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Spokane, Washington  Est. May 19, 1883
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Live music, food and fun are back with the return of the Festival at Sandpoint

UPDATED: Thu., July 29, 2021

Jake Owen is the lone sold-out show so far at this year’s Festival at Sandpoint.  (Courtesy)
Jake Owen is the lone sold-out show so far at this year’s Festival at Sandpoint. (Courtesy)

Bob Witte experienced a double whammy of agony during the spring of 2020. The president of the board of directors of the Festival at Sandpoint learned that the musical event of North Idaho would be scrapped due to COVID-19. Just after Witte digested that the event and live entertainment would be on a lengthy hiatus, the venerable singer-songwriter John Prine succumbed to the coronavirus.

“All of that was just awful,” Witte said. “It was the weirdest and most dreadful spring and summer. Losing John Prine is just terrible. Seeing John Prine perform and meeting him when he played our festival in 1998 is the highlight of my Festival at Sandpoint experiences. Looking back at that, it was the funnest afternoon ever.”

The iconic folkie is gone, but the Festival at Sandpoint, which debuted in 1983, is back. Recording artists, food and camaraderie are on tap through Aug. 8. “It’s amazing,” Witte said while calling from his Sandpoint office. “It’s absolutely huge to pull this off again. It was devastating not being able to put on the festival last year, but we’re back with live entertainment. We put together a well-rounded lineup.”

The array of talent is certainly eclectic. Country star Jake Owen, who will perform Friday, is the lone sold-out show so far. Austin singer-songwriter Shakey Graves, who mixes folk, blues and rock, will perform Saturday. Veteran bluesman Keb’ Mo’ will headline Sunday. The Empress of Soul, Gladys Knight, is slated for Aug. 5. Alt-rockers Young the Giant will make its Sandpoint debut Aug. 6. Classic rockers REO Speedwagon is set for Aug. 7. “Music From the Movies” will be delivered Aug. 8.

Gospel/soul group St. Paul and the Broken Bones’ singer Paul Janeway is looking forward to the band’s debut, which was Thursday. “I love performing in beautiful places,” Janeway said while calling from Birmingham, Alabama. “There’s a lot of beauty here in Alabama. I’ve seen it all here. But have I seen the beauty in Idaho? Not so much.

“It’s so appealing for bands to play in an environment like Sandpoint. It certainly beats playing in a little box with a concrete floor. We’ll get out there early and go for a hike, and we have some bass fisherman in the band. Maybe there will be time to fish in the lake. We can’t wait to get out and play new songs for fans and experience the beauty of Sandpoint.”

Musicians who trek to the festival sometimes make specific nature requests. “I remember picking up George Thorogood (in 2017), who is a big fan of the great outdoors,” Witte recalled. “He asked me to take him to see where the wolves are. He asked if I could find some bears and moose. It’s beautiful here, and sometimes you’ll hear recording artists say it from the stage.”

KPND program director Marie McCallister, who named Counting Crows as her favorite Festival at Sandpoint experience, remembers how overwhelmed the band’s frontman, Adam Duritz, was with the scenery during a 2012 performance. “Adam said, “This place is beautiful,” McCallister said. “If I knew it was this beautiful, we wouldn’t have stayed in Spokane.”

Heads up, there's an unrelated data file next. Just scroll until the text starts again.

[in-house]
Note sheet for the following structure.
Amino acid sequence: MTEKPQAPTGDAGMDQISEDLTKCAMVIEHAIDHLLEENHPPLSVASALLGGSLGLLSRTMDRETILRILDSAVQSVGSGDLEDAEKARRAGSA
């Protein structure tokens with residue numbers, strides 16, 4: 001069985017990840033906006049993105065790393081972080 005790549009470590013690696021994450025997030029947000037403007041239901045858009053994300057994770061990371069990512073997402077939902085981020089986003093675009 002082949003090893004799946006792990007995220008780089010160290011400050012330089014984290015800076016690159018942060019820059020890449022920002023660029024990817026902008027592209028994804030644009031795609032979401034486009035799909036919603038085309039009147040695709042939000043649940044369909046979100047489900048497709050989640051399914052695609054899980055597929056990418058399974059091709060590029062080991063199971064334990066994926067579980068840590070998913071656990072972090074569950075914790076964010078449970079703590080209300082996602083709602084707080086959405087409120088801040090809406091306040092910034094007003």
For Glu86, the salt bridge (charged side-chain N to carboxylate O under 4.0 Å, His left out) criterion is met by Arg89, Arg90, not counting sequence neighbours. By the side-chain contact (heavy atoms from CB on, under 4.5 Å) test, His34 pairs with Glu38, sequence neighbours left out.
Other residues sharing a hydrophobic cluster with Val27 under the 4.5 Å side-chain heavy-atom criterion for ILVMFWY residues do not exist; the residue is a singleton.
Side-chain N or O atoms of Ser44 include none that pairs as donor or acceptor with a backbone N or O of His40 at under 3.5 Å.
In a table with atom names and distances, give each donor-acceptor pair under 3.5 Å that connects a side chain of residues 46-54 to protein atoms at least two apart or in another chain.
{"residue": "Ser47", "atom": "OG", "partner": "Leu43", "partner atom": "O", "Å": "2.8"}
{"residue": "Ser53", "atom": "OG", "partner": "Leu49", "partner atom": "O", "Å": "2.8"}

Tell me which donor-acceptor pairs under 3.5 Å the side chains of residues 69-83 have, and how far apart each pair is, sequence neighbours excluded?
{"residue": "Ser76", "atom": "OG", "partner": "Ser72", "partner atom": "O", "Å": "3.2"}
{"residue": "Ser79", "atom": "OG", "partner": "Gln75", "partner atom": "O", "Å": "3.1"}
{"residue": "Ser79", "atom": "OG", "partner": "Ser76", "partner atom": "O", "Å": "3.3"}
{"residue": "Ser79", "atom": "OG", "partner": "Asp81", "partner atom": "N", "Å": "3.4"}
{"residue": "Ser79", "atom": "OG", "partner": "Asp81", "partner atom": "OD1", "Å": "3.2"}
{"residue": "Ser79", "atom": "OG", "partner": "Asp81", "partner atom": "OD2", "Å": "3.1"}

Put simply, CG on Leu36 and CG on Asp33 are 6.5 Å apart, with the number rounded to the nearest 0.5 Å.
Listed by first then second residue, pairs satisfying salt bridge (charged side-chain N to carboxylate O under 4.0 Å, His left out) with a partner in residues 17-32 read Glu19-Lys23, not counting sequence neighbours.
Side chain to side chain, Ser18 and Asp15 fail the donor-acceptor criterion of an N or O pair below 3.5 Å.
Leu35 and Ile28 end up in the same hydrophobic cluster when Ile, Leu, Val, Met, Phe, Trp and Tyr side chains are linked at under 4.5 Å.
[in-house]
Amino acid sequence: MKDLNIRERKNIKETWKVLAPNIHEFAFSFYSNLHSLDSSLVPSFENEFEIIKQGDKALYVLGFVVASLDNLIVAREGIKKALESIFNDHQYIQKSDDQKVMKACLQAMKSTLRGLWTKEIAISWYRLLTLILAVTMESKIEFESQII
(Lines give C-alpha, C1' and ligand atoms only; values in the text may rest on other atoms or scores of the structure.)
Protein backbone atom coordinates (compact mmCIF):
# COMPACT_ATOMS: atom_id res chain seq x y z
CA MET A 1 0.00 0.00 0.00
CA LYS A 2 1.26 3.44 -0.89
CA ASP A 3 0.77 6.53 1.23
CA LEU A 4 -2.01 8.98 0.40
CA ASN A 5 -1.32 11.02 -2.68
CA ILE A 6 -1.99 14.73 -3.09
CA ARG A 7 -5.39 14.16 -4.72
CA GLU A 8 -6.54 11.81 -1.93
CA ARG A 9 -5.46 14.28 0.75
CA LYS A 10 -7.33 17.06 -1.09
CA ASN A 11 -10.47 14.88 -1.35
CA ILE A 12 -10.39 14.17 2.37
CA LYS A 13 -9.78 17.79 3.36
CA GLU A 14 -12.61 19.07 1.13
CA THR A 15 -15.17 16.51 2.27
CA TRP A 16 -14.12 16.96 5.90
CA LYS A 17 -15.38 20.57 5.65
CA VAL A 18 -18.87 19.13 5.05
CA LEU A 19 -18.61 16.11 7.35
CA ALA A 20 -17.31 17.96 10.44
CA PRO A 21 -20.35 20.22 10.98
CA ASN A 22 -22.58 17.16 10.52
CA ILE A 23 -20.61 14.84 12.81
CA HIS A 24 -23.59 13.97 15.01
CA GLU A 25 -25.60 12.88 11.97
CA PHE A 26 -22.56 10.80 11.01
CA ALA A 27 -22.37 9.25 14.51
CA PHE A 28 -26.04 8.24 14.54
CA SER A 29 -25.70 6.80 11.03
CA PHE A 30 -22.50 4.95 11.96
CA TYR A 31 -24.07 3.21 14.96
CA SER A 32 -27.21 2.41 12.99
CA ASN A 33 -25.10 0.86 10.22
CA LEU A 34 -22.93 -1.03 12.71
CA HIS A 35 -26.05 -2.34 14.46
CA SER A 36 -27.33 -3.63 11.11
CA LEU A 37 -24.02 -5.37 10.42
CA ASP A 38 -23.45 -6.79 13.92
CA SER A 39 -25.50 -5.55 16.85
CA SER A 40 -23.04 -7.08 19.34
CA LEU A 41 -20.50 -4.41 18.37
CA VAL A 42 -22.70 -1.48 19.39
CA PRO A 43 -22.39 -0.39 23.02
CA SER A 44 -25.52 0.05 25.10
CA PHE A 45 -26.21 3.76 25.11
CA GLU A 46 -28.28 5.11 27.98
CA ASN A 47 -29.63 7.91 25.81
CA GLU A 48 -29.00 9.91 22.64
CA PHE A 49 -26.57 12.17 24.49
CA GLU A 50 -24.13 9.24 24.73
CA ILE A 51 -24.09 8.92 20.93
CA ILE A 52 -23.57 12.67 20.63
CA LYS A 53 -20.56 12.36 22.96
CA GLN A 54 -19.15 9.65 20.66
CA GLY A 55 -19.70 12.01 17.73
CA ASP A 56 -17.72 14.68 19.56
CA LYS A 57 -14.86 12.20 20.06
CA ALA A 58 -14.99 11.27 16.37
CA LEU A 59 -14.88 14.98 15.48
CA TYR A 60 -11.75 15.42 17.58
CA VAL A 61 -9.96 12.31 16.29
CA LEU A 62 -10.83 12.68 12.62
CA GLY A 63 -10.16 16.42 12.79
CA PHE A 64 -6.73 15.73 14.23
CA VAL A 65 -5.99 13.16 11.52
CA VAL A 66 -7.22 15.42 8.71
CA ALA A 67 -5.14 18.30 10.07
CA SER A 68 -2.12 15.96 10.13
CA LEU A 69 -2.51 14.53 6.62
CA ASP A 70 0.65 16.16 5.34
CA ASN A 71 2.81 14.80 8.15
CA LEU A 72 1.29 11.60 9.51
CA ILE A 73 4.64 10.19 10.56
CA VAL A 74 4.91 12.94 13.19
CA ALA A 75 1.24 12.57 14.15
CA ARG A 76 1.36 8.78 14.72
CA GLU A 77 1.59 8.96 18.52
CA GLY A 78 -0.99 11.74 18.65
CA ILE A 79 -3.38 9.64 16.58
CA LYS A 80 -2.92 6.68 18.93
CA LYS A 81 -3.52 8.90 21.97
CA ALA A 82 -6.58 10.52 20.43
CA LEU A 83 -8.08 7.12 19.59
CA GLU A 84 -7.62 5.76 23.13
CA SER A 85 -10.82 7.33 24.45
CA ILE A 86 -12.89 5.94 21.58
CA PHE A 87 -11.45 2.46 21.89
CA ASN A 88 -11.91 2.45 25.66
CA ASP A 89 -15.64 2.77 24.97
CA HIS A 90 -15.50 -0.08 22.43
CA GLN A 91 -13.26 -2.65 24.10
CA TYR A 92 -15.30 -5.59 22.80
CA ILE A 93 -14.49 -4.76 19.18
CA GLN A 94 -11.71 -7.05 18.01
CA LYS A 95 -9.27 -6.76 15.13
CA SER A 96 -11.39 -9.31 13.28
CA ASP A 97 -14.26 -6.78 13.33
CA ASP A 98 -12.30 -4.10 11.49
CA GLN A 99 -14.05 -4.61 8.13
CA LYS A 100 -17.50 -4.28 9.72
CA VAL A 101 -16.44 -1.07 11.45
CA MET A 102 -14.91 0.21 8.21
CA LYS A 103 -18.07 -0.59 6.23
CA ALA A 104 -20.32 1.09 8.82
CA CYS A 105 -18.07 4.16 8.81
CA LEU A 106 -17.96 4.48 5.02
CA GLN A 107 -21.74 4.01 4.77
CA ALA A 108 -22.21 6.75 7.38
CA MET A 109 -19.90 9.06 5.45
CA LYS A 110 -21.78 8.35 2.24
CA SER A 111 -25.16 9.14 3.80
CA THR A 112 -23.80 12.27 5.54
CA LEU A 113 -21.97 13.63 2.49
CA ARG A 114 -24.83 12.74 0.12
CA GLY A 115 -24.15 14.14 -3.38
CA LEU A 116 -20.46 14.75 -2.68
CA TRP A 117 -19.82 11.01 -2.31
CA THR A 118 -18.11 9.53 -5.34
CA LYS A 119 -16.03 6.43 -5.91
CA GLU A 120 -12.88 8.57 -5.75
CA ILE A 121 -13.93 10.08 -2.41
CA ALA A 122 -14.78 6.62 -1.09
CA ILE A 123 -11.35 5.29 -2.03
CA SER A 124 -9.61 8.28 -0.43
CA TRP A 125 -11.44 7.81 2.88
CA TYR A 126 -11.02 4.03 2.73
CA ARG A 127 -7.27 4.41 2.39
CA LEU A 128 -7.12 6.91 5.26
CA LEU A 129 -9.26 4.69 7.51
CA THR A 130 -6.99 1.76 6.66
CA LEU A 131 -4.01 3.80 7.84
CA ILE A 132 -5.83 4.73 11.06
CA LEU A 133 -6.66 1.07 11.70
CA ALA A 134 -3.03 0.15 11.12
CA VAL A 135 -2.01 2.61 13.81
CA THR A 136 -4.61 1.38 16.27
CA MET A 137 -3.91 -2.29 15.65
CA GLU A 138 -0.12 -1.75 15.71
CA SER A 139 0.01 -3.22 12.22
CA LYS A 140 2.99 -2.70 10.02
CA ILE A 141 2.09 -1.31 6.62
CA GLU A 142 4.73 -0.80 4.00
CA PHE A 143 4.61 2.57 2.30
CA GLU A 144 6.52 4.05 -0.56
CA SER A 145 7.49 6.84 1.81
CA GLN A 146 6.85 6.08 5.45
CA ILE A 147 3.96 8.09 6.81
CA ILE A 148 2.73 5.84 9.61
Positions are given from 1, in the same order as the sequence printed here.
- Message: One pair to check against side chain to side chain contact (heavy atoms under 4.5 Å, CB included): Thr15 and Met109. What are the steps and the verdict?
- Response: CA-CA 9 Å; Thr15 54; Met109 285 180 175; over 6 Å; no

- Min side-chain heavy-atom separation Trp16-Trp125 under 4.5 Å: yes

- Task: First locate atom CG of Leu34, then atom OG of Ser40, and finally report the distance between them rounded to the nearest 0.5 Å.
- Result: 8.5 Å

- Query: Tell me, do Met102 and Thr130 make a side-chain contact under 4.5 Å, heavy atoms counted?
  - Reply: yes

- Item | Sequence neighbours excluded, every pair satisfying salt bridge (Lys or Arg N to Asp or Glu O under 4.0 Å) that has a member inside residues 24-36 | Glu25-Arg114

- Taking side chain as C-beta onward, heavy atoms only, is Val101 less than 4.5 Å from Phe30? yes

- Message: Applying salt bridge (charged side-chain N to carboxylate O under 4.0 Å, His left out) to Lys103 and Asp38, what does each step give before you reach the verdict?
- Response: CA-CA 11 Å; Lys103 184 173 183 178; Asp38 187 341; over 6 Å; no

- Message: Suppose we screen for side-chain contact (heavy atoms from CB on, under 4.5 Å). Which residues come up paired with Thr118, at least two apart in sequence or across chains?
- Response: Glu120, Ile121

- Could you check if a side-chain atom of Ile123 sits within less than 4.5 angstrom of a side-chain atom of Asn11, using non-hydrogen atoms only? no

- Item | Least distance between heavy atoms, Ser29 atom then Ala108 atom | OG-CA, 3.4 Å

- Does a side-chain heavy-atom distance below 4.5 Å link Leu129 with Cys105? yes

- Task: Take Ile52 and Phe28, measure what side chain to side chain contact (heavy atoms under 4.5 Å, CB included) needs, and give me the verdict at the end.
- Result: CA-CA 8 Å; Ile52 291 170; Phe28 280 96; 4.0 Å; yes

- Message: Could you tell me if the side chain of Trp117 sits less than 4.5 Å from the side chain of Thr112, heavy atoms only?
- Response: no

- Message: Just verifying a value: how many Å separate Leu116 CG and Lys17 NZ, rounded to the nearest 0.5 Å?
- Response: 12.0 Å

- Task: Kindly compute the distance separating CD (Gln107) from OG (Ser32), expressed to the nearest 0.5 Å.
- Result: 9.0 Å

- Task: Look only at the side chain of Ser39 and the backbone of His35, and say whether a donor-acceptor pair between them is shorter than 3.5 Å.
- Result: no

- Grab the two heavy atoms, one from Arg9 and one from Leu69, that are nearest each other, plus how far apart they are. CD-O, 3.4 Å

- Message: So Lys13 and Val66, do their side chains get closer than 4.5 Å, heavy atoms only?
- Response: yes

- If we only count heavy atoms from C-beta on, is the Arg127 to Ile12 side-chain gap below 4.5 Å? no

Sounds about right since during a recent interview, Duritz said that his band, which will perform Aug. 28 at the Pavilion at Riverfront, often avoids staying in the cities they play in favor of the idyllic countryside. When the Counting Crows performed in Spokane in July of 2017, the group spent a few days relaxing in Coeur d’Alene.

Just about all of the bases have been touched by the Festival at Sandpoint. That’s not just from a sonic standpoint. There will be more space than in prior festivals. Capacity is 4,000, which is less than in the past. “We want to make it as safe and enjoyable as possible,” Witte said. “We’re going to have sanitation stations.

“There will be more room since we’ll only sell so many tickets. We did our research to see how to make this as safe as possible. We’re going cashless. We’re using the Noble app. You can pay and order your food before you even get to the festival, and all you have to do is pick up your order when you receive a message that your food is ready.”

Mexican, Greek, Italian and gourmet potatoes are part of the fare. The typical festival grub, burgers, pizza and fries, is also on the menu. Fans can still pack their own food and beverage. “That includes alcohol,” Witte said. “You can bring in beer growlers and wine bottles. We will not allow beer bottles. We can’t have broken glass on the field.”

Witte, who is also the general manager of Blue Sky Broadcasting, which owns KPND, is excited about recording artists returning to his radio station. “It’s been so long since we had anyone in,” Witte said. “It’s been a year and a half. Last week, we had a local concert, and the first band to come back in was Heels to the Hardwood. We’re so glad to have concerts again and guests in our station. We all just want normalcy or something close to it after experiencing all that we went through in 2020.

“I can’t wait to see people’s faces walking in here since they haven’t been here in two years. There is nothing like our setting with the lake. It’s just beautiful here. And it’s always fun to hear what the recording artists say. I remember when the Barenaked Ladies played here (in 2012), and they said, ‘I can’t believe we’ve never been here, and we’re Canadian. This is amazing.’ It really is a special place, and the greatest thing is that we’re back.”

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